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  • A forum on the Olmstead Act

    Sep 9,2016


    Have you heard of the Olmstead decision? In a nutshell, it came about when two women, Lois Curtis and Elaine Wilson, both with a diagnosis of mental illness and intellectual disabilities were in and out of psychiatric hospitals. When at home, they did not have the care needed. They’d end up in the hospital and the cycle began again. It was evident that they’d be able to do well in a community setting, provided they received the supports needed.

    Under the Americans with Disabilities Act, the Supreme Court established that it is against the law for the state to discriminate against a person based on his or her disability. Since I said I’d offer a nutshell version, I’ll share briefly here, that since the 1990’s, efforts have been made to close institutions and institutional settings.

    Let us fast forward to this past spring. We were invited to a Town Meeting to express our thoughts on the impact of the Olmstead Act on local communities. The forum was hosted by the Assembly Minority Task Force on Protecting the Rights of People with Developmental Disabilities. Members of the Assembly, Karl Brabenec and Clifford W. Crouch led the meeting. They were eager to give community members and leaders an “opportunity to empower the stifled voices and help create greater awareness of the shortfalls in the current transition process.” When I received the written invitation, and then a follow up phone call, I asked if they were sure that they wanted to hear from me. Indeed they were, no matter what I expressed.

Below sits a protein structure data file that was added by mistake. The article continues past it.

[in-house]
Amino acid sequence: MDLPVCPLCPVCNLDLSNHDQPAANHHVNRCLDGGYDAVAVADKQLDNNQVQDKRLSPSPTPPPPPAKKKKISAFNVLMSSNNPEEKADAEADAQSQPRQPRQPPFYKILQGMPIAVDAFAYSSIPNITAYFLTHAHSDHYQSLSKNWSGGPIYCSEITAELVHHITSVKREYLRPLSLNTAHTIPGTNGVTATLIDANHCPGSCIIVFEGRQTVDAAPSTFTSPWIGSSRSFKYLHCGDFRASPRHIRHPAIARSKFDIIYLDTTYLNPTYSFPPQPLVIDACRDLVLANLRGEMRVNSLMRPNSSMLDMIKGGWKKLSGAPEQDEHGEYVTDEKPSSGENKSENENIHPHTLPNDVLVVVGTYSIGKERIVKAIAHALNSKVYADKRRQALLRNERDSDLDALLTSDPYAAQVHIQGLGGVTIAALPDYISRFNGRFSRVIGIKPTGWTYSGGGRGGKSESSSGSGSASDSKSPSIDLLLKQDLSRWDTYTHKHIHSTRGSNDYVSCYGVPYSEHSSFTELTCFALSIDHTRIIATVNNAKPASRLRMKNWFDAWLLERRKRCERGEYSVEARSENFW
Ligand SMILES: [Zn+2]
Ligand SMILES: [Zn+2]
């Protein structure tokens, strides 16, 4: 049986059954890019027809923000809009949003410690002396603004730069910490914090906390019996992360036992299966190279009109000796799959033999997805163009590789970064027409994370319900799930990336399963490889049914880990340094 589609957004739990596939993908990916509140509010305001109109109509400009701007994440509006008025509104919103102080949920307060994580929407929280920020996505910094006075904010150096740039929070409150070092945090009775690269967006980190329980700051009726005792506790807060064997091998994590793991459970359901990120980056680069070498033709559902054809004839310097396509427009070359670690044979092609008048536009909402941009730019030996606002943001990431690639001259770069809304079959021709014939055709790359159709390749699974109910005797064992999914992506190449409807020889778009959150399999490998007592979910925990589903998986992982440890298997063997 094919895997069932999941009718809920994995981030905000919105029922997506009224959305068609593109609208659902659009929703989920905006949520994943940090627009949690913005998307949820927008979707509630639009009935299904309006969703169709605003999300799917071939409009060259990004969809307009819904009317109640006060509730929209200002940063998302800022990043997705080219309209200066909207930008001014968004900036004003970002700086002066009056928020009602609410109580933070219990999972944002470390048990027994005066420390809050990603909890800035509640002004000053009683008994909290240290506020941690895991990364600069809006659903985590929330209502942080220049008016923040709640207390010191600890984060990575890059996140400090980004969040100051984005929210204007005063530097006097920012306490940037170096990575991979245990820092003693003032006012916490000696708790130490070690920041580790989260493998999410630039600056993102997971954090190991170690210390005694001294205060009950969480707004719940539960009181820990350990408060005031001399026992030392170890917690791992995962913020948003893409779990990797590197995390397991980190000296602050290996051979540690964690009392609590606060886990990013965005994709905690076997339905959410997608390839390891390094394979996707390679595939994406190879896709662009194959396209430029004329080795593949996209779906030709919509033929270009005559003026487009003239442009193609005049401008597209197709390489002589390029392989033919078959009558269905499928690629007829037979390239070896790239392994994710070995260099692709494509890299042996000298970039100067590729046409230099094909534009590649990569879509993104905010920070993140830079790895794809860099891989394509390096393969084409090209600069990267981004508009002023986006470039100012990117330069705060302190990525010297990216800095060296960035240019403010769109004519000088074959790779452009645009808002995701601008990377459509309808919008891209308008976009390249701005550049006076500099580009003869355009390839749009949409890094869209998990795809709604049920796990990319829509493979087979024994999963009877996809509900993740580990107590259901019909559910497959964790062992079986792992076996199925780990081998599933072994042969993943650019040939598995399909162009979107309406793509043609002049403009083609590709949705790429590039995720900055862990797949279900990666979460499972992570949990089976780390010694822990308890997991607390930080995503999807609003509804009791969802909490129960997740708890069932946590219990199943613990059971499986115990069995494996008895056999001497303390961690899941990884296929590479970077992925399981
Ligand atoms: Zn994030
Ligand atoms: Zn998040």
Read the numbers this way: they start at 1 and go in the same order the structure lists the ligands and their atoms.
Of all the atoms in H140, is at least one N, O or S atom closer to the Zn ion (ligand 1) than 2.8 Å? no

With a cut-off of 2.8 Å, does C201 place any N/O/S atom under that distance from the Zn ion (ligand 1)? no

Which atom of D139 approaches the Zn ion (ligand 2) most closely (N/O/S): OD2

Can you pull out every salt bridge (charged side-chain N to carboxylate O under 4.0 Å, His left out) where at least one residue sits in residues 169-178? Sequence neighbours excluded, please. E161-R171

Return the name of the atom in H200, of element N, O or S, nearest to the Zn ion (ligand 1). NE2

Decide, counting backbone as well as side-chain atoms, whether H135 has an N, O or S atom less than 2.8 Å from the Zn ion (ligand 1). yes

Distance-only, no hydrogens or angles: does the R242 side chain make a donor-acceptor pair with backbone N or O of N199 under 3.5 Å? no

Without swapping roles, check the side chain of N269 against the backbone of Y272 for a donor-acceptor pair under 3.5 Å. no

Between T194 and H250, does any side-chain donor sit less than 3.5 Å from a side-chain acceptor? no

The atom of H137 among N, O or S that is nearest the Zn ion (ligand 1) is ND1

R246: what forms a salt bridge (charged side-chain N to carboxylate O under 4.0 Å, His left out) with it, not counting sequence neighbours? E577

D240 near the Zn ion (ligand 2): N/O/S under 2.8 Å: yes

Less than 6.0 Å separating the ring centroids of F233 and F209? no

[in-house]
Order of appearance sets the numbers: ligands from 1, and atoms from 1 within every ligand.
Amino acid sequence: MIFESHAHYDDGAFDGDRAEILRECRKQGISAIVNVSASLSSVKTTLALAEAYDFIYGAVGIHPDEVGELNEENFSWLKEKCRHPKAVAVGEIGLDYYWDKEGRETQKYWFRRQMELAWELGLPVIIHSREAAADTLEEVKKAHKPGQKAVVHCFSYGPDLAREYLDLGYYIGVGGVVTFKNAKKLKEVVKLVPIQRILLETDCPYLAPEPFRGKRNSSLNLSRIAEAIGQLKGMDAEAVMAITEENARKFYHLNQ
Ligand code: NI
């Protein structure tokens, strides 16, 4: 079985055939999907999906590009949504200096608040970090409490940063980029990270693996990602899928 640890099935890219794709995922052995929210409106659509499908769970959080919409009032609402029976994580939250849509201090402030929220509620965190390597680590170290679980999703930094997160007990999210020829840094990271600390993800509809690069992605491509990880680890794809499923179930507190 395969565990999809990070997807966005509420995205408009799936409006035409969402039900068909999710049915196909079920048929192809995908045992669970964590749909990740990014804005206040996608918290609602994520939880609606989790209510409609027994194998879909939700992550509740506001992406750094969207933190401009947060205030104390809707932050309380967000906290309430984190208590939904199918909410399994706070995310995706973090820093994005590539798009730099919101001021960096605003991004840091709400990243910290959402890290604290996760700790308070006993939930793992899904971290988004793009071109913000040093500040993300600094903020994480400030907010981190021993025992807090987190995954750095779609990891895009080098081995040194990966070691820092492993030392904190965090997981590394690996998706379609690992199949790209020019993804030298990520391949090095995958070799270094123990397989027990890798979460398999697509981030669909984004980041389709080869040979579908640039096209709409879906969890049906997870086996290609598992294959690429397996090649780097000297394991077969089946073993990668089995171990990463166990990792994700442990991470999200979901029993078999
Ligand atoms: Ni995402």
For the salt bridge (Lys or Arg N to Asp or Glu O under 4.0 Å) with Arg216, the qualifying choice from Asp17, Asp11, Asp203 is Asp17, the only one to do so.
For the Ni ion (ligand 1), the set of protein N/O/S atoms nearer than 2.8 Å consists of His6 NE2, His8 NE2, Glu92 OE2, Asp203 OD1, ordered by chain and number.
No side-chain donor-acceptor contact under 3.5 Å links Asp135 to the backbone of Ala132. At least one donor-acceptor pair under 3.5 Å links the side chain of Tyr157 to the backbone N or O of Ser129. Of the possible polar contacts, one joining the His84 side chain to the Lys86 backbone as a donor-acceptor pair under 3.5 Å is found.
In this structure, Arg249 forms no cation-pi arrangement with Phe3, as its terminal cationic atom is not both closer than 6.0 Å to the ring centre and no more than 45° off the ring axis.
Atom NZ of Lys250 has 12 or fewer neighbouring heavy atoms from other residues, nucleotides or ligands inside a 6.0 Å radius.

What I shared was that while being in the community is wonderful for some, it is not the be all and end all. There should be no “one size fits all” solution for everyone with disabilities. It is critical that everyone has many options; the key word here is , “choice”. For some, living and working in congregate care settings offers more choice, as there’s a level of freedom to walk around a campus or workshop and socialize with anyone there. For others, community life opens many doors.

    I was so impressed by the dialogue that ensued. The clock was not watched as each person spoke their voice. The assembly members reflected as parents, siblings, professionals and community members advocated for their beliefs.

    Residential institutions and developmental centers have been closed. Workshop settings are in the process of being transformed.  Let us stay tuned as we continue supporting the rights of people with developmental disabilities.

    Photo provided.  Taken at the Greenville Town Hall in April 2016.  From left, Assemblyman Karl Brabenec, Margie Faber, Director of MSC, JFS, Elise Gold, Executive Director, JFS and Assemblyman Clifford W. Crouch